The Portland-based attorney loves to build things and enjoys having his hands on a project, so when he began considering building a home office on his family’s property on San Juan Island in Washington, he would have ideally liked to build the office himself.
But, we don’t live in an ideal world, and Modern-Shed helps our customers wisely and efficiently use their time so they can have the types of spaces they’ve always dreamed of.
“I really like building things, but I don’t have the time,” Tom admits. “I wanted a quality product that could assemble very quickly. That was the key criteria.”
We have several Modern-Shed customers who have capitalized on this trend.
In San Jose, Flora and Jeffrey initially built a Modern-Shed guest room to accommodate Flora’s sister, Fauna, who was staying in the area for college, but when Fauna graduated two years later, the couple started making serious money when they turned their shed into an AirBnB.
“I am just extremely happy with it,” says Flora, whose shed sees mostly business travelers. “I’m booked every day … Totally I was not expecting this many bookings … These guests, they come every day, even during the week, they’re here for a day and gone. It’s convenient for me and them … (Now) I’m a stay-at-home mom and a full-time AirBnB host.”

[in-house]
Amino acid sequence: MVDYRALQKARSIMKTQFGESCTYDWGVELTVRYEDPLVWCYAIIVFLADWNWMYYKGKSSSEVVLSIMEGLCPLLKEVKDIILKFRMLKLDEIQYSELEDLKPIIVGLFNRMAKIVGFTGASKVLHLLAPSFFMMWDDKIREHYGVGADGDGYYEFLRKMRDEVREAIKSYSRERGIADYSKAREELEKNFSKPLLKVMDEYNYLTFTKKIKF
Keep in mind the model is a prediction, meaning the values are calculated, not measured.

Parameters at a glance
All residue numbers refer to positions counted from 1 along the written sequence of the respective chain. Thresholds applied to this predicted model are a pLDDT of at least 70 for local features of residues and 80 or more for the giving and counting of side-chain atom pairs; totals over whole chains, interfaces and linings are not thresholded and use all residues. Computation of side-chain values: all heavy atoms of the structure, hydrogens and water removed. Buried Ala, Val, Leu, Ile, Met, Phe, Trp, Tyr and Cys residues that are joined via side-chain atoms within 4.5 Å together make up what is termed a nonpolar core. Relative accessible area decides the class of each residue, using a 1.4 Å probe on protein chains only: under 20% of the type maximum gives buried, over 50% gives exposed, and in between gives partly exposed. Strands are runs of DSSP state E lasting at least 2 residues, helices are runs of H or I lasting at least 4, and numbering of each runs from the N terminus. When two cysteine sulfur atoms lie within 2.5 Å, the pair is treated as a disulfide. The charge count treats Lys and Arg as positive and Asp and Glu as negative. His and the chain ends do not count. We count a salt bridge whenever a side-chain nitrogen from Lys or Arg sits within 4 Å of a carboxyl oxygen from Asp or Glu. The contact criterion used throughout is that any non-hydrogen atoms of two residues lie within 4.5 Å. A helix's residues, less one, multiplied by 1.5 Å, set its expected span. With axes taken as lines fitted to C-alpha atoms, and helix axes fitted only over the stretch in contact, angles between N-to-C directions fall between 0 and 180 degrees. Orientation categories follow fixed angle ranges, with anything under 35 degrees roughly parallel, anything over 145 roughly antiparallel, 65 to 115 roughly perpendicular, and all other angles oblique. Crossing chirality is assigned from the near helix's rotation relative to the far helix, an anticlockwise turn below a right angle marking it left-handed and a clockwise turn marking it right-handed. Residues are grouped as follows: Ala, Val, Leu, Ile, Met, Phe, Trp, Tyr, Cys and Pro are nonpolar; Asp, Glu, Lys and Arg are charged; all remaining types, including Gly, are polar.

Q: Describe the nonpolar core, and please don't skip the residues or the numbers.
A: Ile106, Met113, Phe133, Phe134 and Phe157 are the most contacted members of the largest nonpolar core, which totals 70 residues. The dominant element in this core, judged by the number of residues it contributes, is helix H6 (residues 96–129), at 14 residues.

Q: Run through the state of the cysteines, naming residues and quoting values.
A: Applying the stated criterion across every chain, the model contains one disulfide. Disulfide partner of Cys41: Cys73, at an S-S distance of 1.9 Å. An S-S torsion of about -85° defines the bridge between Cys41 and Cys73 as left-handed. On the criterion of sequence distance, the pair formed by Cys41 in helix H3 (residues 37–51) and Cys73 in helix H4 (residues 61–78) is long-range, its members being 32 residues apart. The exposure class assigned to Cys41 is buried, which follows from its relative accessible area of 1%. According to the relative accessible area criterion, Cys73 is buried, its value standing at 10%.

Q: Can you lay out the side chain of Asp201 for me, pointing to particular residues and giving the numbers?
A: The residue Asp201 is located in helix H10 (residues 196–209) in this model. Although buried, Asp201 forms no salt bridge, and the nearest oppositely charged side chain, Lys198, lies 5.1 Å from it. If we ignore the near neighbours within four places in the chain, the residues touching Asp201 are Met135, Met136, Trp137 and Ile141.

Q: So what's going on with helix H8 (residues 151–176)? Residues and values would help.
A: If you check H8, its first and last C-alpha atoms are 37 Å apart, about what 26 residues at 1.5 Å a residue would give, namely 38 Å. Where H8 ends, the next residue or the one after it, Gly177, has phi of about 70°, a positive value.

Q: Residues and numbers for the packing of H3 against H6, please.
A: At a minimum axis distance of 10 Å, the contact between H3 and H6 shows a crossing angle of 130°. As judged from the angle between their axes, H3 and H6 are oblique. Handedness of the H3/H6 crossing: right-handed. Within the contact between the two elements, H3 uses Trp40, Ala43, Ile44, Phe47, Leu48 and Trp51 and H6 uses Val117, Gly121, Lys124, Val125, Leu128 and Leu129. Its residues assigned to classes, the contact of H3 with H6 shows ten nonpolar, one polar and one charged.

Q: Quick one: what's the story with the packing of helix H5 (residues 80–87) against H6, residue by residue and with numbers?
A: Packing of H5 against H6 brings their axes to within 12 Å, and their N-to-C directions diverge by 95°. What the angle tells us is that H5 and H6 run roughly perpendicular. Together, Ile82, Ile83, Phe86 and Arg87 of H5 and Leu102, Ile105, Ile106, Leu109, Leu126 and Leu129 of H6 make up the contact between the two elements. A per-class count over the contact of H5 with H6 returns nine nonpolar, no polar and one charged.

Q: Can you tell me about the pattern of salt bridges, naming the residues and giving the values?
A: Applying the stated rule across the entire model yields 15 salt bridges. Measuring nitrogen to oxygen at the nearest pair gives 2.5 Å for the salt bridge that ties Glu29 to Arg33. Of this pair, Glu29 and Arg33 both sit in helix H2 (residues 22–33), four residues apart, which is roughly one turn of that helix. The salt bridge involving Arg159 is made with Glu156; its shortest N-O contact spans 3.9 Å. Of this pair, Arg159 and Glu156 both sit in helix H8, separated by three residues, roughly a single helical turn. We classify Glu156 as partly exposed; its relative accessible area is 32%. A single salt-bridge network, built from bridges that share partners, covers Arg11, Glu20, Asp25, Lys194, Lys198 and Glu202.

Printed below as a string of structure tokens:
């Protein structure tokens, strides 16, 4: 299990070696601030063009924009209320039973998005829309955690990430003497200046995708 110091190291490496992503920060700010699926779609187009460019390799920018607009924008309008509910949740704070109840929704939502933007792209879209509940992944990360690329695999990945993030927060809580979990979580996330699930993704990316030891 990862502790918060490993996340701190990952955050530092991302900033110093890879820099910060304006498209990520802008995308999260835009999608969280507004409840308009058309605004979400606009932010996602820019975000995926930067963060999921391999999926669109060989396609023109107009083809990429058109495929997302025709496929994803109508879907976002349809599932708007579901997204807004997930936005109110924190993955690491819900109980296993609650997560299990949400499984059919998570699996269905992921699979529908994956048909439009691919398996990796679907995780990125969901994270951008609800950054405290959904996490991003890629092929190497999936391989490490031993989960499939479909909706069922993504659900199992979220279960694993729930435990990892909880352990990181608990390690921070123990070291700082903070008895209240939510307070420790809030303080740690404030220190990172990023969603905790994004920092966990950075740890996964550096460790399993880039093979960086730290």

Other Modern-Shed owners rent or book their sheds for guests more interested in leisure.
Marc and Jeanine’s Modern-Shed AirBnB in fast-growing Portland offers exclusive access to the shed and an herb garden, with guests complimenting the shed’s “cozy” factor and noting that it’s “a gorgeous little oasis in Portland,” “central to a lot of restaurants and stores.”
“They are really cute,” Holly says. “My girls love sleeping in the sheds even though we didn’t plan them to be sleeping quarters … I love how the sheds are really multi-functional. People can use them how they want and can say ‘Hey, this is my space.’”
Many more of our customers simply love having that extra space when family comes over, which is especially important to take into account as the holiday season approaches. Continue reading